But there’s a higher reality for one who’s willing to grasp it. That’s to understand that there is no separation between your witnessing awareness and what you’re observing.
Samadhi or enlightenment means to become one with all that is. Once you achieve that state, it’s not about you observing something else. Because you realize that you are that which you’re observing.
That’s when you lose your ‘self’. But until you reach that point, the self is always there.
Instead of holding on to this observer mentality, the ultimate goal of meditation is to disperse yourself into everything.
The enlightened master realizes that everything from sounds to appearances is just that — there’s not separate person seeing or hearing them.
Have you ever wondered how mindfulness and meditation make people more compassionate? Because the more they practice, the more they realize they’re one with everyone else.
Nothing can hurt them because there’s no separate self to get hurt. And they don’t hurt anyone because they’re hurting themselves. This is the deepest kind of empathy you will find.
Photo by Josh Garner on Unsplash
Making Spirituality Transactional
This trap is my favorite one because I’ve finally understood how I’ve been falling prey to this.
You’ve fallen into this trap if you’re always thinking about what you can get from your meditation. One example is meditating only to be enlightened one day.
We have to realize that gaining and resisting are also forms of attachment and aversion. Instead, the right attitude as taught by Buddha and Krishna in the Bhagavad Gita is to remain nonattached and let things come when they do.
There are many priests (at least I’ve seen many) who read the scriptures and learn the mantras but know nothing else. But even more so, they’re so proud of their knowledge that they don’t understand how much they’ve fallen in their own egos.
It’s the ego’s job to always try to gain something from everything we do. This will not lead to peace and without peace, how is happiness possible?
Many people think that spiritual principles would give them life-long happiness regardless of what’s happening around them.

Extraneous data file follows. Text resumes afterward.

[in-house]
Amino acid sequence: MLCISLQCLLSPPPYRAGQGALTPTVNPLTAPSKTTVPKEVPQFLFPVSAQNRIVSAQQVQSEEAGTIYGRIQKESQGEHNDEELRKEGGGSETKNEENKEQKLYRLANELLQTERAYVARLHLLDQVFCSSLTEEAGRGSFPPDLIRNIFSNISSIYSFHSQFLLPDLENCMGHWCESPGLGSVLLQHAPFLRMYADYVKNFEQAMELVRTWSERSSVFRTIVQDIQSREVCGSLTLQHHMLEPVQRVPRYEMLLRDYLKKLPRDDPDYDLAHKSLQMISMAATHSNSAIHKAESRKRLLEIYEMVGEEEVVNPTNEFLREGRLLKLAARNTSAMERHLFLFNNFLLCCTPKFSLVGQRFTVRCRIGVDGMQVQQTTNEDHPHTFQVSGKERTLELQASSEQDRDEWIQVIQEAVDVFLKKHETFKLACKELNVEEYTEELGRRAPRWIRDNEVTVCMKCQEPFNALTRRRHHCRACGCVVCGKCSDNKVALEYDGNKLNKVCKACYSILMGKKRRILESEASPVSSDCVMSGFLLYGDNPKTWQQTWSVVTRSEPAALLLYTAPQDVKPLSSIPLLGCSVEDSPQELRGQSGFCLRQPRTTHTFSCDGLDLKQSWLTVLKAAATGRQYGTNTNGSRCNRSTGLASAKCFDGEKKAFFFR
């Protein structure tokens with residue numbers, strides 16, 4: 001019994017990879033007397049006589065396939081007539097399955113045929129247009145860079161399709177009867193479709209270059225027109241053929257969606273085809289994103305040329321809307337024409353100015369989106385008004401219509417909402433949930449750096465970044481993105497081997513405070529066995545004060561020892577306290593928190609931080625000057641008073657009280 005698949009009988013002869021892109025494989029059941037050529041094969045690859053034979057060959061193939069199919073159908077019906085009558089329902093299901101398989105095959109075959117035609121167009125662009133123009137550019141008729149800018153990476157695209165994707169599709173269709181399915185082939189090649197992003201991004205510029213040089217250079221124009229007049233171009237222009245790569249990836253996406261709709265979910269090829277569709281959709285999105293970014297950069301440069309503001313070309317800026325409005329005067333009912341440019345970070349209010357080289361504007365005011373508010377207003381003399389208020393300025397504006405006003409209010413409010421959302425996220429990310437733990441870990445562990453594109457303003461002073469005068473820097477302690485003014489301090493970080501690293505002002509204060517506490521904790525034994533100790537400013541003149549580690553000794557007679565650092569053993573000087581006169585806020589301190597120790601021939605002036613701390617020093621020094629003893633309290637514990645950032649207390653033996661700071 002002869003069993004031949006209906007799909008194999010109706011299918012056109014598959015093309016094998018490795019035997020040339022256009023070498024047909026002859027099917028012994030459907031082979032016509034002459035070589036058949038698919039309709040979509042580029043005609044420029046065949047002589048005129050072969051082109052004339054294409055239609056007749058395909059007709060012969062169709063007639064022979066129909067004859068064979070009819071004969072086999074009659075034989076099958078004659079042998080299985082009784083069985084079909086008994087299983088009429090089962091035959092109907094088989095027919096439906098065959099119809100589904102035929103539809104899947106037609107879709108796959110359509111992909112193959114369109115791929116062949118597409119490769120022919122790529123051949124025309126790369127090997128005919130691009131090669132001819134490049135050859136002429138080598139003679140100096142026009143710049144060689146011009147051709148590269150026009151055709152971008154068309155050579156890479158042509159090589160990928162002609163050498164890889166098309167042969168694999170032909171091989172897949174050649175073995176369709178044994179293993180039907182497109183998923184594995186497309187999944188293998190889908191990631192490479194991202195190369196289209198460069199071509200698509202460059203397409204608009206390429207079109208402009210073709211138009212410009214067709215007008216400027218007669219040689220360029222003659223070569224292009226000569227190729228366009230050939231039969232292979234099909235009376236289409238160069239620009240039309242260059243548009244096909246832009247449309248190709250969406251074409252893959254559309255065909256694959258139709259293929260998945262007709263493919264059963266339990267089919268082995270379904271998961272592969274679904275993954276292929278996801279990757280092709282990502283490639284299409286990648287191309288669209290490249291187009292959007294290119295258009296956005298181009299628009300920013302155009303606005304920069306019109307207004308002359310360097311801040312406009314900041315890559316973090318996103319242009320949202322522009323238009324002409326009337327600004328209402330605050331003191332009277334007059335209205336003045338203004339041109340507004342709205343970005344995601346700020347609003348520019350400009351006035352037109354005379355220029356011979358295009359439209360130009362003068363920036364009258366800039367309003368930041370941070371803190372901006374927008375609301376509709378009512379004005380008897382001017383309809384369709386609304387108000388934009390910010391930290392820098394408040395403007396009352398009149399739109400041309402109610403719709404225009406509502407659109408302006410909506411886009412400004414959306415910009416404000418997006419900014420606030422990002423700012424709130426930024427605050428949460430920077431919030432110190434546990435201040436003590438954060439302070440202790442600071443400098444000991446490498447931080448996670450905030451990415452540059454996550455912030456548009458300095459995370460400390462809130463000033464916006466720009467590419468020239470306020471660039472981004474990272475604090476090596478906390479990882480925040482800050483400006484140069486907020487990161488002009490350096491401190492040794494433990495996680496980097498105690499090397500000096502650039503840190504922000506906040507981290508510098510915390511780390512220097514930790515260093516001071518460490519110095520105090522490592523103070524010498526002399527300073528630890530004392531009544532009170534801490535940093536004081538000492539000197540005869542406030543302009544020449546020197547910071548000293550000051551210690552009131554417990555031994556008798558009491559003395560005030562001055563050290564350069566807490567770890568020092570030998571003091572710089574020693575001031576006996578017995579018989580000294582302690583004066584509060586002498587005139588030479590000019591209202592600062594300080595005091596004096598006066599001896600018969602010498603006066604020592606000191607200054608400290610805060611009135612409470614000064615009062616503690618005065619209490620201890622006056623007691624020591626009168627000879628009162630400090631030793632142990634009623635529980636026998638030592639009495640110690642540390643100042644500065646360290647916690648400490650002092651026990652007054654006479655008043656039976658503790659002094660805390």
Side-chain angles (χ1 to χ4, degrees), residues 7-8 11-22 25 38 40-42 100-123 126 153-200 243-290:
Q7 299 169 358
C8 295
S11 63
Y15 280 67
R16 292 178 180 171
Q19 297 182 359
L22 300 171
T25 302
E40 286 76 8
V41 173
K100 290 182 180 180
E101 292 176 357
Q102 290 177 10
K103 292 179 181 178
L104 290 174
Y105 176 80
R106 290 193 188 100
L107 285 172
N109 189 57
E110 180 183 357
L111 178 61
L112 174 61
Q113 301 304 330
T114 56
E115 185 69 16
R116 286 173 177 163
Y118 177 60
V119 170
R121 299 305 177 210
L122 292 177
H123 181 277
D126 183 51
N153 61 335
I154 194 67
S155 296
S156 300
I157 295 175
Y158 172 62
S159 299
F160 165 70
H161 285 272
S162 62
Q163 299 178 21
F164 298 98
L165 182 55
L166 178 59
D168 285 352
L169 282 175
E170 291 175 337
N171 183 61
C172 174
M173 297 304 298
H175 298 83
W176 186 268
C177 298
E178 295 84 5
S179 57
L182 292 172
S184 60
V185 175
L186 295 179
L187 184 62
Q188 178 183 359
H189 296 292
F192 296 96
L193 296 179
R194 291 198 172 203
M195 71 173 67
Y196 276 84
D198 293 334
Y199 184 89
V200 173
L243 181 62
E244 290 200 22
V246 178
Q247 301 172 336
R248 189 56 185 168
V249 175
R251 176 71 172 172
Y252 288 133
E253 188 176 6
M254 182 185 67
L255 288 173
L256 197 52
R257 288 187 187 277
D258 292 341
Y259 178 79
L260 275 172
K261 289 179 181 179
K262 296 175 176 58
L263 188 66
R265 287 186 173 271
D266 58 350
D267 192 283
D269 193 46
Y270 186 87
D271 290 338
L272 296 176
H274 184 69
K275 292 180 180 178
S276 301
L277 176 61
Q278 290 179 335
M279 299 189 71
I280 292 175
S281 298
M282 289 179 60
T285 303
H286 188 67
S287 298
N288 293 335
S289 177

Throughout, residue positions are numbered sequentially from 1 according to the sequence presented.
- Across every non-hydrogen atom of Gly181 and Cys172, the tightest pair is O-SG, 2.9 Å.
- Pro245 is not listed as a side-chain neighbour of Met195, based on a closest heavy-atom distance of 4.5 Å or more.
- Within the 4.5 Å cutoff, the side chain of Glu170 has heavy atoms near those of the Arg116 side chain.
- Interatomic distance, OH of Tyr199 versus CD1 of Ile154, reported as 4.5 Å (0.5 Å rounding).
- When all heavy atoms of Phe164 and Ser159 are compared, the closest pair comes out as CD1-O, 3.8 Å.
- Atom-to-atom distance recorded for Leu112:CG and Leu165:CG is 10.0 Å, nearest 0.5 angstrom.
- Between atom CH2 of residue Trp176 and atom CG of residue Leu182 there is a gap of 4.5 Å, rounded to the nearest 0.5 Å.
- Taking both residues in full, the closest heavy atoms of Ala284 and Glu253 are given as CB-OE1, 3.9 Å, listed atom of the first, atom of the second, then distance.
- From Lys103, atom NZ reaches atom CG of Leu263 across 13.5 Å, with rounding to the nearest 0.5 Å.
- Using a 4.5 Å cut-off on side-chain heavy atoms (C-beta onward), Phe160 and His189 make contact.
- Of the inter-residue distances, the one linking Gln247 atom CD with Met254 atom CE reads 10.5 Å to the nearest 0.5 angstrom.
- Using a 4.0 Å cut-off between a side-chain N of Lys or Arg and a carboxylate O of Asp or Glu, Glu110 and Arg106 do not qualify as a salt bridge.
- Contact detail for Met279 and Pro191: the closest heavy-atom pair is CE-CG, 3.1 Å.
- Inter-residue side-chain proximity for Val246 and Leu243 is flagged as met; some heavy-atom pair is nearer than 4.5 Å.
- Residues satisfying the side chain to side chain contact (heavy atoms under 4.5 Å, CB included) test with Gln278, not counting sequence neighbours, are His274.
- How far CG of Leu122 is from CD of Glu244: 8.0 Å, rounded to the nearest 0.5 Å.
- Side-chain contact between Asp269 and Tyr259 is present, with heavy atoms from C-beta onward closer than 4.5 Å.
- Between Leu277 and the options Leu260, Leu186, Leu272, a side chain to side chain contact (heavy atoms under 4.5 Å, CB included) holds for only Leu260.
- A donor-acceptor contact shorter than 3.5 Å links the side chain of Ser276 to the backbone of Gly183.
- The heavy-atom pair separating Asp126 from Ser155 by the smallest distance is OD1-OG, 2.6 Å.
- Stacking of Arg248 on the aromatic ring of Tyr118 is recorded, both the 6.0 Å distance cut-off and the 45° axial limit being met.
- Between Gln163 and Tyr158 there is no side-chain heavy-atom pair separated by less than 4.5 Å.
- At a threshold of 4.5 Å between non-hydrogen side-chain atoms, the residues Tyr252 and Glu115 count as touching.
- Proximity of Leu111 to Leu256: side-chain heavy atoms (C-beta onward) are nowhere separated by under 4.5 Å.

But that’s just another ego trap. It’s one of the biggest games that the ego plays. It makes you believe that you need to be happy all the time. That pursuing happiness is a perfectly natural and legitimate goal in life.
Why is this not a desired attitude? Because by wanting to be happy all the time, we are going against reality.
“Enlightenment is ego’s ultimate disappointment.” — Chogyam Trungpa
The desire to be happy comes in the way of acceptance of what is.
When you want to be happy, you’re still working from the ego. You’re still caught up in the whirlpools of likes and dislikes.
The goal of life is not happiness, but bliss. And that bliss comes through acceptance. It comes from knowing that in this world of duality, there will be ups and downs.
Our job is to ride the waves with non-attachment and acceptance. Not resist.
The truth is pain and suffering is a natural part of life. The more you deny them the more they will persist. Thus, the saying “what you resist persists.”
The root of all suffering is the denial of the present moment. To wish for things to be anything else except what they are.
It’s a difficult mindset to cultivate. But it pays to know that your desire for perfect happiness is just another trap by your ego. It’s yet another trick the ego plays to make you think you can protect yourself from your circumstances.
The ego traps I talked about are quite subtle and hard to get away from.
The other day, someone asked me, “How was your morning meditation?”
“It was good,” I said.
“What do you mean by ‘good’? There’s no good or bad, it’s about accepting what is.”
Well, I meant that I felt good after the meditation, but you can see how he was right.
Deep down, I was still clinging to that expectation of happiness in my practice.
This is exactly what we have to watch out for.
How? By more meditation and introspection. If there was an easier way, everyone would be enlightened.
But there’s not.
Struggling to meditate? Get your free 5 Day email course — Meditation 101: How to Start Meditating